Embarking on a startup journey is like exploring the unknown. It could feel like a quest with uncertainties and unpredictability. But a profound sense of discovery remains. It is about more than just finding out new information; it is about gaining a new perspective. As a startup co-founder, I have come to realise the importance of one tool that has helped me navigate this unknown territory: a well-defined problem statement.
A problem statement is a clear description of the user’s need that should be addressed.
- Chefadora’s Initial Challenges
- Redefining Our Approach
- How to Write an Effective Problem Statement
- Characteristics of an Effective Problem Statement
- In a Nutshell
More from ‘UX for Startups‘:
Chefadora’s Initial Challenges
When I first conceptualised Chefadora a few months ago, I thought I had a clear understanding of what I wanted to achieve. As a UXer, I was well aware of the concept of creating a problem statement. Surely we had one, but I now realise that it was superficial at best. Our focus was skewed towards the solutions and features we could offer, not the core issues and feelings our users were experiencing. Looking back, our product, although structurally sound, lacked a soul. As new startup owners with an eagerness to build, we lost sight of our guiding principle. Our initial approach was fundamentally flawed. We were building solutions in search of problems, not the other way around.
Facing stagnation in our growth, we implemented various strategies – enhancing our content and messaging, revamping our social media approach, and even spending more on marketing. Despite these efforts, the metrics remained unmoved, leading us to the realisation that our issue was more deep-seated, possibly stemming from a product design that wasn’t compelling users towards desired actions.
Redefining Our Approach
This prompted us to return to basics. We revisited our problem statement, and it was immediately apparent that it was rather shallow. This could have been due to our inexperience or perhaps our eagerness to jump into product development.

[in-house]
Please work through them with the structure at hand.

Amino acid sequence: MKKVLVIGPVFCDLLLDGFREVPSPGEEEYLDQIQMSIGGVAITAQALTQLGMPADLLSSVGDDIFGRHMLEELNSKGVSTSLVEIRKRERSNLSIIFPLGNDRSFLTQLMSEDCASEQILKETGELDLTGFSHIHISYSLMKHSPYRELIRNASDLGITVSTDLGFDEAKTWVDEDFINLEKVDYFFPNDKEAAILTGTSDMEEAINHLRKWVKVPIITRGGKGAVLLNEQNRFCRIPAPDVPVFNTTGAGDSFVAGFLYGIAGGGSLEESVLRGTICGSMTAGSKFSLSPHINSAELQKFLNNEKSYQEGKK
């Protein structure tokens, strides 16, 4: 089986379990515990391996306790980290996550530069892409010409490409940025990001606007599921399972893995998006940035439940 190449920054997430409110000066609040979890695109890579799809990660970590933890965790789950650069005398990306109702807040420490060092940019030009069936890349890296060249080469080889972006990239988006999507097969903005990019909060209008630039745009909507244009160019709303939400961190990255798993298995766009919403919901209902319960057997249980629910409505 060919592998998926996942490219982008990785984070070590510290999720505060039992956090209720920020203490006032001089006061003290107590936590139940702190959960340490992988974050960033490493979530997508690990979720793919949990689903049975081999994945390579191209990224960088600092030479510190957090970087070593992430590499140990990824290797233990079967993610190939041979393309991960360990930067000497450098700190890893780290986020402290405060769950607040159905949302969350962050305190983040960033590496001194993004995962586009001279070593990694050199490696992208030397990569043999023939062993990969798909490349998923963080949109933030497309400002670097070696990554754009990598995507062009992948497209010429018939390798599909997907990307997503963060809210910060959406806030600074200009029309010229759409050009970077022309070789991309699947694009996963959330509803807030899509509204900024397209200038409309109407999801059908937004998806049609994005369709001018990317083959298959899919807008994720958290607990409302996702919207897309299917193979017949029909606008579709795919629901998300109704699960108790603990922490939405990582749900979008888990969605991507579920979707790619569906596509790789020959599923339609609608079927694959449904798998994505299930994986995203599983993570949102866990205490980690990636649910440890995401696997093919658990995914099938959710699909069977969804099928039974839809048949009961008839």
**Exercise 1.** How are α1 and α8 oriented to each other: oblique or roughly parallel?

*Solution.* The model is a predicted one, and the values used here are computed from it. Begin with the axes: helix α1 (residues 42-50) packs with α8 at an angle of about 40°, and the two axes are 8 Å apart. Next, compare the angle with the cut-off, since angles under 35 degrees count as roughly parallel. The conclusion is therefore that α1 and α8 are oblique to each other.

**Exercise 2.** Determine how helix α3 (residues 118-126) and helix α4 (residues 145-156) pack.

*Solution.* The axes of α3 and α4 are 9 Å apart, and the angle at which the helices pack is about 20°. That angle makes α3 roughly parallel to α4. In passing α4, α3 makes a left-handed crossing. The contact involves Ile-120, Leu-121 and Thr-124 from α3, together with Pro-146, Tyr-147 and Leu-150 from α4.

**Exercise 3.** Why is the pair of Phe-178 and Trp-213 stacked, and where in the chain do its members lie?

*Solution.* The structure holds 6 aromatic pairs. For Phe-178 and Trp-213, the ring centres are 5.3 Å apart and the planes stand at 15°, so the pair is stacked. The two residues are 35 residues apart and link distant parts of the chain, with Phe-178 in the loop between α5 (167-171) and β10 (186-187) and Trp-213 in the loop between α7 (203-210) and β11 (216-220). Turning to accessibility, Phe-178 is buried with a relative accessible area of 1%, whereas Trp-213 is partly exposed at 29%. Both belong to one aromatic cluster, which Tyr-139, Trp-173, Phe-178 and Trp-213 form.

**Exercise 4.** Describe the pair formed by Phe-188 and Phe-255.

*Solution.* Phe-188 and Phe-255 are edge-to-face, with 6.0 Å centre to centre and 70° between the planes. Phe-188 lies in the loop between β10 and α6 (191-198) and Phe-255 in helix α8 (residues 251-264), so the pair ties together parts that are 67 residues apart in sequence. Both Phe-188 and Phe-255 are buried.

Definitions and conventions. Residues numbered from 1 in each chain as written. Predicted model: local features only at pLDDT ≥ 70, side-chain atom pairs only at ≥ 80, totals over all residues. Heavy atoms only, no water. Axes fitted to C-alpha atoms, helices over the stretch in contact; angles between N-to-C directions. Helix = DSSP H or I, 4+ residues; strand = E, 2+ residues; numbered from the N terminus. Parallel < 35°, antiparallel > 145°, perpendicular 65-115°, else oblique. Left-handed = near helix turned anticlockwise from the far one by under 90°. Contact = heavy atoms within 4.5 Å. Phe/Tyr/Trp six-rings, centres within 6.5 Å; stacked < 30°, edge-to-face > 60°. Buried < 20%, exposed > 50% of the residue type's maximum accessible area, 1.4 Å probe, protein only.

Resolved to delve deeper into the fundamental issues our users face, our subsequent brainstorming sessions brought to light a wealth of previously unconsidered ideas. We realised the pivotal role of a well-defined problem statement in shaping not only the product but also the sales and marketing strategies.
How to Write an Effective Problem Statement
Here is the methodology we followed to create our problem statement:
- Metric Identification: We began by pinpointing the exact metric that we were struggling with.
- Root Cause Analysis: Instead of merely treating the symptoms, we went in search of the underlying cause, performing a deep dive into the core of the issue.
- User Identification: This phase was about understanding our audience better. Who were the people truly affected by the problem? This insight helped us refine and narrow down our primary user base.
- Journey Mapping: By dissecting the user’s journey, we could identify the exact touchpoints where the challenges arose.
Characteristics of an Effective Problem Statement
During this process, I recognised a few fundamental attributes that a problem statement should and should not contain:
- A problem statement should not be a list of unrelated problems. The statement should be focused on one problem. It might be inefficient to tackle a lot of problems at once.
- A problem statement should not focus on solutions.
- A problem statement should be brief, a few sentences at best. All team members should be able to easily understand the key focus and what might be out of scope. It is best to discuss and re-draft the problem statement with others if needed.
Interestingly, a problem statement need not always be the Negative Nelly. It can be a powerful tool to highlight potential opportunities and growth areas.
In a nutshell
Our new problem statement is now more than just a declaration of intent; it is our north star. It helped us to realign our focus to our mission: solving real problems for real people.
So, here’s a piece of advice from one startup owner to another:
a comprehensive problem statement can make the difference between being lost and carving a meaningful path. Let’s focus not on finding solutions, but on uncovering the right problems.